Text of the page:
Make a roux: blend flour and fat, and cook over medium-high heat, stirring constantly. Be careful not to burn the roux—if black flecks appear, it has been burned and must be thrown away. Keep stirring until the roux gets darker and darker. You can stop at chocolate brown if you wish, but I try for the color of coffee. (The darker you get the roux, the darker will be the shade of your gumbo.) As soon as you reach the desired color, turn off the fire and add the chopped veggies immediately. (This stops the roux from cooking further.)

Stir the veggies into the roux thoroughly and keep stirring until the mixture begins to cool a bit. Add the roux to the turkey stock. Chunk the andouille and fry off. Drain fat and add andouille to stock. Add bay leaf and Creole seasoning and stir.

Bring stock to a boil then immediately reduce to simmer. Let stock simmer about 30 minutes uncovered. Taste occasionally and adjust seasonings. Add okra and cook another 30 minutes uncovered (long enough to make sure that the “sliminess” is gone from the gumbo). Add parsley and reserved turkey meat. Simmer for 15 minutes uncovered. Add shrimp if used. Cook for 5-6 minutes, just until shrimp turn pink. Taste. Add salt, pepper, and Tabasco. (This gumbo should not be too spicy hot.)

Let gumbo sit, covered, until ready to serve. If any fat accumulates on gumbo surface, skim it off. To serve, press ½ cup rice into measuring cup and place in a mound in center of gumbo bowl. Ladle gumbo around the rice mound. Sprinkle with file powder (1/4 – ½ tsp.)

Eat hearty—there’s plenty!

Dear Lord, Thank you for bringing John, who knows how to make the best turkey gumbo ever, into my life. Amen.

Saturday, November 21, 2009

Prepper-inspired, diy, Christmas gifts

Stay tuned for a post on prepper-inspired, do-it-yourself (or on the real cheap) Christmas gifts for teachers, co-workers, the mailman (really?), and anyone else you can't afford to buy for, but would like to give something to. Kids can be involved. Gathering ideas as I type. (Actually, I posted to APN forum asking for ideas. They're coming in.)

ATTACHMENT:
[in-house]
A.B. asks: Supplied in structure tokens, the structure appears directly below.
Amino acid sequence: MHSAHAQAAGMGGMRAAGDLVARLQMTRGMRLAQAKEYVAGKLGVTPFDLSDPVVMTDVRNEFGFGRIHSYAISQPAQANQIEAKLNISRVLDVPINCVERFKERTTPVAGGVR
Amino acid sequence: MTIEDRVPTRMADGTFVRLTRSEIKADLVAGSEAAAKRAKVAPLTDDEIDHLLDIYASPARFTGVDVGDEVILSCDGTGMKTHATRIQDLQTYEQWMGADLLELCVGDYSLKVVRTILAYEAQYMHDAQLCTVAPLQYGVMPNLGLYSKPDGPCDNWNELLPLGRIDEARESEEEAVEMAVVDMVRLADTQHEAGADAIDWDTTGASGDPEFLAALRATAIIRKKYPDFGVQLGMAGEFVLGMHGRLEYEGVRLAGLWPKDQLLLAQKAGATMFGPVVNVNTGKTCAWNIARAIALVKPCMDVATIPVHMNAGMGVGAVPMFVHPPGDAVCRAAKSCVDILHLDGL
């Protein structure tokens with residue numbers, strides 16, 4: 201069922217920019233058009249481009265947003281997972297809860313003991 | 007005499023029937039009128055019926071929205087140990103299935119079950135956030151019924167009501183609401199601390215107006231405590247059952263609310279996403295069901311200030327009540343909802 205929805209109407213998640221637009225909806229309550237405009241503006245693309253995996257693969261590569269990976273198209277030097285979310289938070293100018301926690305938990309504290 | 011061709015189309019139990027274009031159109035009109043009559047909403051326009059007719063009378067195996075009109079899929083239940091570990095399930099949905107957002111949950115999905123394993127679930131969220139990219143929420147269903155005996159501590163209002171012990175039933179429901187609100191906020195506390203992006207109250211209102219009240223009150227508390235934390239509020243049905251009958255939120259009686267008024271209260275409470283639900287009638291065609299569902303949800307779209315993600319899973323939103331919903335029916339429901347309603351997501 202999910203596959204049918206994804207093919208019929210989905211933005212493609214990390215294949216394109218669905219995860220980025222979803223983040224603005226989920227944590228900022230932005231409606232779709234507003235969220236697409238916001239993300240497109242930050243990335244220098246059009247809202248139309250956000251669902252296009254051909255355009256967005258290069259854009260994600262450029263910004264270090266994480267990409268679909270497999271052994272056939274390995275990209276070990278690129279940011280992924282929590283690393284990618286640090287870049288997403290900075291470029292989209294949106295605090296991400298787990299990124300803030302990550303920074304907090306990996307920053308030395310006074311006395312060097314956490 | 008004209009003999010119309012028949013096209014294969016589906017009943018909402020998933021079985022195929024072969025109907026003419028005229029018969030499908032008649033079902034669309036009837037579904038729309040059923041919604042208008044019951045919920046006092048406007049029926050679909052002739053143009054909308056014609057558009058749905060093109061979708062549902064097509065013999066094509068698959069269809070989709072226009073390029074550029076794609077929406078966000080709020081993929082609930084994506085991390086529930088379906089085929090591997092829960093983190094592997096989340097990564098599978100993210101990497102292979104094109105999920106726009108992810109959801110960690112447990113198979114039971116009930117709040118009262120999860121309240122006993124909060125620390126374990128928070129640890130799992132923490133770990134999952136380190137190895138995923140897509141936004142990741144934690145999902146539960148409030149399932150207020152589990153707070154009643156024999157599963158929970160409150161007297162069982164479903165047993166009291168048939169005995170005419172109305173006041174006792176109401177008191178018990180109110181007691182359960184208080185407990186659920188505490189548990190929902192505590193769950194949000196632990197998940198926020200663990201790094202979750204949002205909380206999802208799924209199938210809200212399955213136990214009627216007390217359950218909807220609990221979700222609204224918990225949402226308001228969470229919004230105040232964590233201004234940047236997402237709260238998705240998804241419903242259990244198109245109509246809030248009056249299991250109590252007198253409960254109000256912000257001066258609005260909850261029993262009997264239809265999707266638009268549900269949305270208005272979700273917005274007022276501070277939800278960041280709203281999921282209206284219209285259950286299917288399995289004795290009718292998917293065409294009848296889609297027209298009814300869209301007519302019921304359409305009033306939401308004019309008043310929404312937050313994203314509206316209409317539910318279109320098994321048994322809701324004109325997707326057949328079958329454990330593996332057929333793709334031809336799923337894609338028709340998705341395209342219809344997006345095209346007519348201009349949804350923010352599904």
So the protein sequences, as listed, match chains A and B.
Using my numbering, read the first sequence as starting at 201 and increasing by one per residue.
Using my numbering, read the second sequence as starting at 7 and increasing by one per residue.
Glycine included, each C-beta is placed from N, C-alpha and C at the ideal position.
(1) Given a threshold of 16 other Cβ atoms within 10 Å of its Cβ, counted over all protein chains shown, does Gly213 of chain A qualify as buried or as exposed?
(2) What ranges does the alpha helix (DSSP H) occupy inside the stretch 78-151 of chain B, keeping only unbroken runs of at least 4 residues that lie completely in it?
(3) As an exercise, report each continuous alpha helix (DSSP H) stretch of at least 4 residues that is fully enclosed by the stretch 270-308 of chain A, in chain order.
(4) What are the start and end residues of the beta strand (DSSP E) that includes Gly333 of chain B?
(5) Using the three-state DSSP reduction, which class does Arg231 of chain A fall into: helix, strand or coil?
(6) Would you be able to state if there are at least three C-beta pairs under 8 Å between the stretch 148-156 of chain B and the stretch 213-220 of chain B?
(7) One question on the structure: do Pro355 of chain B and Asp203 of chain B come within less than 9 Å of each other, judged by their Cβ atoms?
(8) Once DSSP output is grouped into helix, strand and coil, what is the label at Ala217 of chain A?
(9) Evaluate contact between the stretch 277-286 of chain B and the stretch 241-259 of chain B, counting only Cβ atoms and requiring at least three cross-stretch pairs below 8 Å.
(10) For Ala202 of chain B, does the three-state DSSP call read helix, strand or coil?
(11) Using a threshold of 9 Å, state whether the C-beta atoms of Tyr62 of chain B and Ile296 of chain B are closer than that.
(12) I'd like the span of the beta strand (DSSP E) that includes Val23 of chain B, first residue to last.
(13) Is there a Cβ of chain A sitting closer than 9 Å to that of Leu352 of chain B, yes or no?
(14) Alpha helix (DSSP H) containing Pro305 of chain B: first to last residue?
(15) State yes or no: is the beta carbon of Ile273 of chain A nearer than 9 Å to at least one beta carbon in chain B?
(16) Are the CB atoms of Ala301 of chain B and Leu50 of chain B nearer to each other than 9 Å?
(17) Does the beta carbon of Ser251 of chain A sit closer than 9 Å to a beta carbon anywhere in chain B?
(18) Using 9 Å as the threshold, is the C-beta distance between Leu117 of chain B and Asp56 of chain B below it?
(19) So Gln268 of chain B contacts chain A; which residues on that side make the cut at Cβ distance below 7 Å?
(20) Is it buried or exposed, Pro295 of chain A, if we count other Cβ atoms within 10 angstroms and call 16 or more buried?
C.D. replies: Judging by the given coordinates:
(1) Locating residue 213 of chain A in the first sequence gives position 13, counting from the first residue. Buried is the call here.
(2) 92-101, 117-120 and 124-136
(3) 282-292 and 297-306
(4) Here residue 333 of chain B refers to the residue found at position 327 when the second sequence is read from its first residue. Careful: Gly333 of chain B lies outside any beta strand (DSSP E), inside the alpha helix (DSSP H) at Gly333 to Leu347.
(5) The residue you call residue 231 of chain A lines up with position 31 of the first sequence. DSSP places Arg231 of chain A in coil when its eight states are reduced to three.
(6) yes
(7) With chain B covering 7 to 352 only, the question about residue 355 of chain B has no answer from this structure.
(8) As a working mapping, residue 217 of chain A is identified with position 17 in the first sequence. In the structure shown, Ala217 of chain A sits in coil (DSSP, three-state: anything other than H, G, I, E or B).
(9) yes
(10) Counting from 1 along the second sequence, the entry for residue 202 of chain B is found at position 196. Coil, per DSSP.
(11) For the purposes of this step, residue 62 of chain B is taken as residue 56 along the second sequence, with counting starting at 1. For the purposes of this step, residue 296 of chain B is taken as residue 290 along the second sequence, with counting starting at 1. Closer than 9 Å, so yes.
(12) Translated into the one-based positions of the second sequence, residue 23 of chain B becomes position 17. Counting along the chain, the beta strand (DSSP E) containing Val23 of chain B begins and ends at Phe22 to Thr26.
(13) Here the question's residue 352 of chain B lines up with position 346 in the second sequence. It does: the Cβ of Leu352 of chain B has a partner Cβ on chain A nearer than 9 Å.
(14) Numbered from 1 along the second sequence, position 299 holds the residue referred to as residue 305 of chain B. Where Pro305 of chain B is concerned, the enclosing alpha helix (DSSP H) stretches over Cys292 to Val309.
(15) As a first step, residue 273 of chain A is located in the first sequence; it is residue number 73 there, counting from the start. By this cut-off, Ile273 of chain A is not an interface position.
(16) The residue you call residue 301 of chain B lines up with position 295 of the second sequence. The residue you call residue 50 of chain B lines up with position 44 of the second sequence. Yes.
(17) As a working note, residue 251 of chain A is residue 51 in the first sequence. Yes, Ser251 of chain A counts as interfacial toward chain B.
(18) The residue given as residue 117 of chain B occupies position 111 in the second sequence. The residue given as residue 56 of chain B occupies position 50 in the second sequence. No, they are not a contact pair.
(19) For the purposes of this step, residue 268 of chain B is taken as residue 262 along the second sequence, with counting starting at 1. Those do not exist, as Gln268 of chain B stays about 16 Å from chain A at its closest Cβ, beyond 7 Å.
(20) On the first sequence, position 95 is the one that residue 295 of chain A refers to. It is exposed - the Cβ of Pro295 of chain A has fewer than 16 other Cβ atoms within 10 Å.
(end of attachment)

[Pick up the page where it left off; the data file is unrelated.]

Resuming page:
[See-- you can post about nothing at all! You can ask others for ideas. It ain't hard. Shelly, got way-layed today. Will email soon. Remember-- a site can have more than one contributor!]

Wednesday, November 18, 2009

Ohioans for Concealed Carry News

Ohioans for Concealed Carry (OFCC) is THE gun-rights organization in Ohio. OFCC is more than a bunch of yackity-yack gun guys. It is the organization that affects real change at all levels-- legislative, community, and personal, in the state.

OFCC is having its regional Holiday Meet & Greets at the beginning of December.

We'd like to invite you to participate in the Ohioans For Concealed Carry Holiday Meet & Greets! 

Last year, we had five Holiday Meet & Greets across the state in Cleveland, Toledo, Youngstown, Columbus, and Cincinnati/Dayton area. They were so popular that we’re going to do them again this year!

These informal get togethers are being held in restaurants in Cleveland, Toledo, Youngstown, Columbus, and the Cincinnati/Dayton area on two weekends as noted below. They are held at local restaurants, and attendees are responsible for purchasing their own meals. Restaurants to be announced, mark your calendars and watch this site for details!

Join your fellow OFCC members in a little holiday fun, including an optional gift exchange (limit $10), and door prizes!

Cincinnati/Dayton: December 12 at Golden Corral (8870 Kingsridge Dr Dayton, OH 45458)
Cleveland: December 12 at Cracker Barrel (5100 Tiedeman Road, Brooklyn, OH 44144-2306)
Columbus: December 12 at Hometown Buffet (3670 Soldano Blvd. Columbus, OH 43228)
Toledo: December 5 (location TBA)
Youngstown: December 5 at Perkins Family Restaurant (1953 Niles-Cortland Road SE Warren, OH 44484)